Drive Type: Automatic
Sparta, Wisconsin, United States
For sale is my 66 Fairlane.
-Full Tubular Chassis
-12 Pt. Cage. Does not have certification but wall thickness is .133"
-Rear tires are 31x18.5x15s
-Center Line Rims
-Summers Brothers 40 spline axles
-Nodular center section
-Has very mildly built 460 and C-6
-No Title. VIN is still on drivers door tag
-Aluminum interior other than dash
-Fuel Cell in trunk.
-Two batteries in trunk with shut off.
-Front clip is removable as one piece
-Have two sets of doors. along with a set of aluminum door panels and wooden door panels.
It's here; it's finally here. No more speculating or looking at dealer order guides, the configurator for the 2015 Ford Mustang is finally online. That means you should put down whatever you're doing and build your new 'Stang. Weight data for the new model has also leaked out, and while there is an increase, it's less than previously rumored.
The basic V6 coupe carries a base price of $23,600, plus an additional $825 destination charge for all models. Upgrading to the 2.3-liter Ecoboost costs $25,170, and the Ecoboost Premium is $29,170. If you need a V8 in your life, the Mustang GT is $32,100 or $36,100 with the Premium package. That puts the starting price up about $1,000 over the previous generation for the V6, but the turbocharged four-cylinder starts about $1,400 less than the V6 Premium, which is no longer available. Prices for both V8 models jumped about $1,000, as well.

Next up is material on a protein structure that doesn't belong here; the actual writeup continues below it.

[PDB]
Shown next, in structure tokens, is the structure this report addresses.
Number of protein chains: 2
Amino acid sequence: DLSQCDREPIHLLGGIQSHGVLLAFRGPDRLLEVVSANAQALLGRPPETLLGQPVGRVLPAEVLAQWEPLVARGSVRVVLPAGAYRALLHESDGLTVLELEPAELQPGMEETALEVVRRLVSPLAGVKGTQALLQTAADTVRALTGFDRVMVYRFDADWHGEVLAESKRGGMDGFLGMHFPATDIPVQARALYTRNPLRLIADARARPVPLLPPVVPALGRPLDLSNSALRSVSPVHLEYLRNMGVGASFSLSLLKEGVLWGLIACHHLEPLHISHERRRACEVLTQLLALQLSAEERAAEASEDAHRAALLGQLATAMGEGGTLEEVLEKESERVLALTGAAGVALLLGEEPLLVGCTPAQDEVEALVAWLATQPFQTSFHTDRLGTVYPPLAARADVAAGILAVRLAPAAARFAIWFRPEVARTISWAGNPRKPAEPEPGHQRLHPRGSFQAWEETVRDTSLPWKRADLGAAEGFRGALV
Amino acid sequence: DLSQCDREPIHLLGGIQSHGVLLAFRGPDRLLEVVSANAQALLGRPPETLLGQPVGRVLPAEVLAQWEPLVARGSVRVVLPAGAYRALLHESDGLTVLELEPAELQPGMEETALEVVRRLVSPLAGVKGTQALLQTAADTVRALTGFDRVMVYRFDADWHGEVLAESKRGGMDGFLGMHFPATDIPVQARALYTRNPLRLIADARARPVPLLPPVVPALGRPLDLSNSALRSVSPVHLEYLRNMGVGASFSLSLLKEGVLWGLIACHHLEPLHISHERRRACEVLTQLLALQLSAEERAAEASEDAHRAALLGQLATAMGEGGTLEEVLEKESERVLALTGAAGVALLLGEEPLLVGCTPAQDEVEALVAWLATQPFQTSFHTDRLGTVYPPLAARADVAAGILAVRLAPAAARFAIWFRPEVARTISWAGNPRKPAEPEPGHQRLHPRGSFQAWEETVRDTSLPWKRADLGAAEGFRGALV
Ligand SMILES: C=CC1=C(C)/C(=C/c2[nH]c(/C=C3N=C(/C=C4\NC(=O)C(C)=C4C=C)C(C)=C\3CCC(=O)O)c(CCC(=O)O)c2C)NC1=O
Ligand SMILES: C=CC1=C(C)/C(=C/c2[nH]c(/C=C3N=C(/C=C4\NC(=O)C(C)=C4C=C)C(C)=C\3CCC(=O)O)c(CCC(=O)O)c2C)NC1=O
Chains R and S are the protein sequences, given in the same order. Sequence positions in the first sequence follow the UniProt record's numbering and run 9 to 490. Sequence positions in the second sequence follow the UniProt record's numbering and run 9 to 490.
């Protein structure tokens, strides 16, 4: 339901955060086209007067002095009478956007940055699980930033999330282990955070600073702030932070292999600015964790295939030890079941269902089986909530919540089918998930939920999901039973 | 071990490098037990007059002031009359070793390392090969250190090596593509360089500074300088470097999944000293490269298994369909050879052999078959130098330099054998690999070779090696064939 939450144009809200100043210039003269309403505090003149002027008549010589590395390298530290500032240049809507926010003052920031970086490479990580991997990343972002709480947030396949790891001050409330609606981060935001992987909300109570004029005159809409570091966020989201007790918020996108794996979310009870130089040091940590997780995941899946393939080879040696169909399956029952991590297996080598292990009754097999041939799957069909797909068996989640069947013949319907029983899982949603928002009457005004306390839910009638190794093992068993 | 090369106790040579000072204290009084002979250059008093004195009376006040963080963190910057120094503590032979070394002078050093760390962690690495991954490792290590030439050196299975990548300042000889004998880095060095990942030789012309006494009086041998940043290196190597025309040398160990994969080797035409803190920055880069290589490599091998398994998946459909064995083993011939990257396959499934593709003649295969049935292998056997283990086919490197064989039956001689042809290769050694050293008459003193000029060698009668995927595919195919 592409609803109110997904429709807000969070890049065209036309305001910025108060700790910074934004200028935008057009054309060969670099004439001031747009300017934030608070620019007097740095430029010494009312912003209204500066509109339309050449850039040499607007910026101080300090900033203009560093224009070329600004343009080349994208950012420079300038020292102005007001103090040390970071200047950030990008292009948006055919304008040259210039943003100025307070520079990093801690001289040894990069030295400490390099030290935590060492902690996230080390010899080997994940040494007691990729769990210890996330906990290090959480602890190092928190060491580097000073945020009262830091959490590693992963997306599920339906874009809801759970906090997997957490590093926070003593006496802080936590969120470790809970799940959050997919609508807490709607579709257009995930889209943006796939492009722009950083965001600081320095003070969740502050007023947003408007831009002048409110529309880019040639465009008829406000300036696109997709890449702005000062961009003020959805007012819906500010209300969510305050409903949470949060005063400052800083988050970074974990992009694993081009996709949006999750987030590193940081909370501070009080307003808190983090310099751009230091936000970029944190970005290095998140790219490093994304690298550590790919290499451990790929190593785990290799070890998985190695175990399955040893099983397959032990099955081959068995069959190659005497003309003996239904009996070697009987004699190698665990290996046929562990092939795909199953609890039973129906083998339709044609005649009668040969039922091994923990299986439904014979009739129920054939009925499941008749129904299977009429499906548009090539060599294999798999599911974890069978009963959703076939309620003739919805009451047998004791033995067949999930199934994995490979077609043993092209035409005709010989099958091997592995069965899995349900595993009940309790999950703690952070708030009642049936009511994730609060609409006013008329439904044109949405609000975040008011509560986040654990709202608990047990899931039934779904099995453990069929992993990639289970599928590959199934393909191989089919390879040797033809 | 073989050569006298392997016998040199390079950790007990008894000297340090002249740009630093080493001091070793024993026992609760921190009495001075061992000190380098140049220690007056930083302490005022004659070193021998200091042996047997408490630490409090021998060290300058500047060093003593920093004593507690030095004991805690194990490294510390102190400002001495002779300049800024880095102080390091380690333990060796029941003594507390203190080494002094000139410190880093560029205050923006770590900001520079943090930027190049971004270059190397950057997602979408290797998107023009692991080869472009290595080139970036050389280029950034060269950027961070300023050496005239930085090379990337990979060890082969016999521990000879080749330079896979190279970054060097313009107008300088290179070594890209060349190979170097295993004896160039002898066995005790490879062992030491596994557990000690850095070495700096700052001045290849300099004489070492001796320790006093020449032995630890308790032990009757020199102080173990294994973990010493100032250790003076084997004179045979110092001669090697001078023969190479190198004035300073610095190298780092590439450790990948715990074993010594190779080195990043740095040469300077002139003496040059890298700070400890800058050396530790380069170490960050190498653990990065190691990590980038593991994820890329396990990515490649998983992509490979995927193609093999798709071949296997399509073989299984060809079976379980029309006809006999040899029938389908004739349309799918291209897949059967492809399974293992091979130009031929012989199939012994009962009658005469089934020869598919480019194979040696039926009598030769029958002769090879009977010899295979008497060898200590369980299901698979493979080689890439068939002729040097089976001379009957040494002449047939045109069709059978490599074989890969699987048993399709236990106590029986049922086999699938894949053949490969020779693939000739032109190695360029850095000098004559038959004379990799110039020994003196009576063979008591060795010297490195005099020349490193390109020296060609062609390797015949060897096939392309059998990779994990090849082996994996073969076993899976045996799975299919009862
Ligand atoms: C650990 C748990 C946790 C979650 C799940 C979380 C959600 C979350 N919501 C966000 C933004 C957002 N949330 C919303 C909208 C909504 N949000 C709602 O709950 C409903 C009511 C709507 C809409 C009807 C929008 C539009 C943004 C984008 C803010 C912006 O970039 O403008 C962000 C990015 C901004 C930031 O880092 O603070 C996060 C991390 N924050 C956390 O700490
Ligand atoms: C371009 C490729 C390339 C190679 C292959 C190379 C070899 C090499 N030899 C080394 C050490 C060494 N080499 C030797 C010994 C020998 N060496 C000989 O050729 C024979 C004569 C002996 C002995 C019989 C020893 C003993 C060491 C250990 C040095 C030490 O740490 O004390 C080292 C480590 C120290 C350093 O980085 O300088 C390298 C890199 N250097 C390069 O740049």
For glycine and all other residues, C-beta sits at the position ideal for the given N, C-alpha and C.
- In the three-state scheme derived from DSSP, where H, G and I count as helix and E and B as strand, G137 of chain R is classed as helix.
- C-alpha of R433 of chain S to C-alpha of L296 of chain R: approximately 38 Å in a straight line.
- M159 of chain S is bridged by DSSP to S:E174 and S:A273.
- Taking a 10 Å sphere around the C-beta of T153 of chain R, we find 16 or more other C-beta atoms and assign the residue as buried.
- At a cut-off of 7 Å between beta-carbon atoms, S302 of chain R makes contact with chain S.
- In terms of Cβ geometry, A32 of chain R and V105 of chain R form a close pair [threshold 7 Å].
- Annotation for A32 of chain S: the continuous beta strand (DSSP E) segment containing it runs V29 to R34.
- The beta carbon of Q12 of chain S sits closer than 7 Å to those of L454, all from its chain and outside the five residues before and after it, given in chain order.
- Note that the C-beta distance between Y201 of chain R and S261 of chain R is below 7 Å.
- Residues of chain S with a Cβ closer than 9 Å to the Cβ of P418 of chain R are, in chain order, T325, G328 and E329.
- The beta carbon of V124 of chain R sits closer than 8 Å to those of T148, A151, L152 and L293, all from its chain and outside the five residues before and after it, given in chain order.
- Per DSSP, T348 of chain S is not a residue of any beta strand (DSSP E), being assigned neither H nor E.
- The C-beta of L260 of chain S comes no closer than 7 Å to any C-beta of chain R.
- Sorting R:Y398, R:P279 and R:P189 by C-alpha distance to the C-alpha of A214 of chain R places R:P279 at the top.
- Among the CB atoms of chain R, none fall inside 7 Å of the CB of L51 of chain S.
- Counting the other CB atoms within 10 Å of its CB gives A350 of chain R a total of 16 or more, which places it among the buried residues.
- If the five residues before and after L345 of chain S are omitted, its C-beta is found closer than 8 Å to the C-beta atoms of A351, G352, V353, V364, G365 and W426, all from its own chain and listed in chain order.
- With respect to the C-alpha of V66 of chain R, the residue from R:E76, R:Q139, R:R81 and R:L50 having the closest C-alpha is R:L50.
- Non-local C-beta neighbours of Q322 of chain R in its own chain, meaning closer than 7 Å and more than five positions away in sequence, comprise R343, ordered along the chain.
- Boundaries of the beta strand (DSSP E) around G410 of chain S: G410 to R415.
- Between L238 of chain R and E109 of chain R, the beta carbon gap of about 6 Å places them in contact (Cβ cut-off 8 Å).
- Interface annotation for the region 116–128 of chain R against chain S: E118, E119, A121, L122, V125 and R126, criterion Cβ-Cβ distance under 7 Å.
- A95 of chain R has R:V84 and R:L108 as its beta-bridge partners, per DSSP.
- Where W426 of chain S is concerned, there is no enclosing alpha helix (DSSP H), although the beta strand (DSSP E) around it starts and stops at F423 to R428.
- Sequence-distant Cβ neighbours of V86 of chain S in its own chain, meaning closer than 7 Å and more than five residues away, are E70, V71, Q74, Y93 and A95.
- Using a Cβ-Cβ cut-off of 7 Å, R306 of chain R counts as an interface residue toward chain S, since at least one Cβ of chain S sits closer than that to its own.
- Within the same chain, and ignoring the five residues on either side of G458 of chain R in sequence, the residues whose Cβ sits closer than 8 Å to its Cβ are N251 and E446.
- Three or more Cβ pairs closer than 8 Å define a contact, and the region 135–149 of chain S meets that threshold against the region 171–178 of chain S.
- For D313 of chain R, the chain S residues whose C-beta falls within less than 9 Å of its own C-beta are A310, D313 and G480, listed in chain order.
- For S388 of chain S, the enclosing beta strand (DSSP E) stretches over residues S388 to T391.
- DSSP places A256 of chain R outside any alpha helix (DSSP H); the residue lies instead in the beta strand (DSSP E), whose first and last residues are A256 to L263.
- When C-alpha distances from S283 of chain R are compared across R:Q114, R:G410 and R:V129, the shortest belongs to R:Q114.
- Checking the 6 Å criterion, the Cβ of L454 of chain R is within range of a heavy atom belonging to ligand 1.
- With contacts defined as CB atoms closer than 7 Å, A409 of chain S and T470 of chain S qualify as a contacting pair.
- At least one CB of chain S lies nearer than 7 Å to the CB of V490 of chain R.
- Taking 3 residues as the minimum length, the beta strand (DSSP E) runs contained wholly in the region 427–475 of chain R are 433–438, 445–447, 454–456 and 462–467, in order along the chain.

If you need the convertible Mustang, the V6 starts at $29,100, excluding destination, $1,590 more than last year. The Ecoboost Premium 'vert is $34,670, and the GT droptop is $41,600.
Ford has done it again. Like in April of 1964, there is once again an all-new Mustang Convertible sitting on the observation deck of New York City's Empire State Building. This has been in the making for a little while, with the first report that Ford would recreate the sky-high publicity stunt coming out a few weeks back.
The process of getting the Mustang up there wasn't exactly easy. A Troy, MI-based company chopped up the new droptop, a necessary evil to get the Mustang on the Empire State Building's only freight elevator that runs to the 86th floor observation deck. But it was slightly more involved than just taking the car apart. The company, DST, built a mockup of the ESB's freight elevators, and then practiced its cuts on a second pre-production Mustang Convertible (measure twice, cut once).
The result of all this work are the images you see above. Yes, sitting in the crisp, morning air of midtown Manhattan, over 1,000 feet up, is this brilliant, Triple Yellow Mustang. Take a look up top for our gallery of images from today's event. You can also scroll down for videos and images of the process leading up to the ESB debut.
Even as rumors swirl that the next-generation of high-performance Ford Mustang will drop the Shelby name, Ford has released a short video telling how the legend of the Shelby Mustang came to be. In its latest installment of its video series entitled Mustang Countdown, Ford dug up some footage from Carroll Shelby to give a little insight into how this automotive icon was created.
While it's definitely interesting to hear the late legend tell the story in his own words (including numerous references to the 1964 Mustang as a "secretary's car"), it's also pretty funny learning exactly how the Shelby GT350 got its name in the first place - a name allegedly making a comeback as the replacement for the current Shelby GT500. As development work continues on the 2015 Ford Mustang, the Shelby video posted below shows that the automaker is always looking at its past - even as it looks ahead to the future.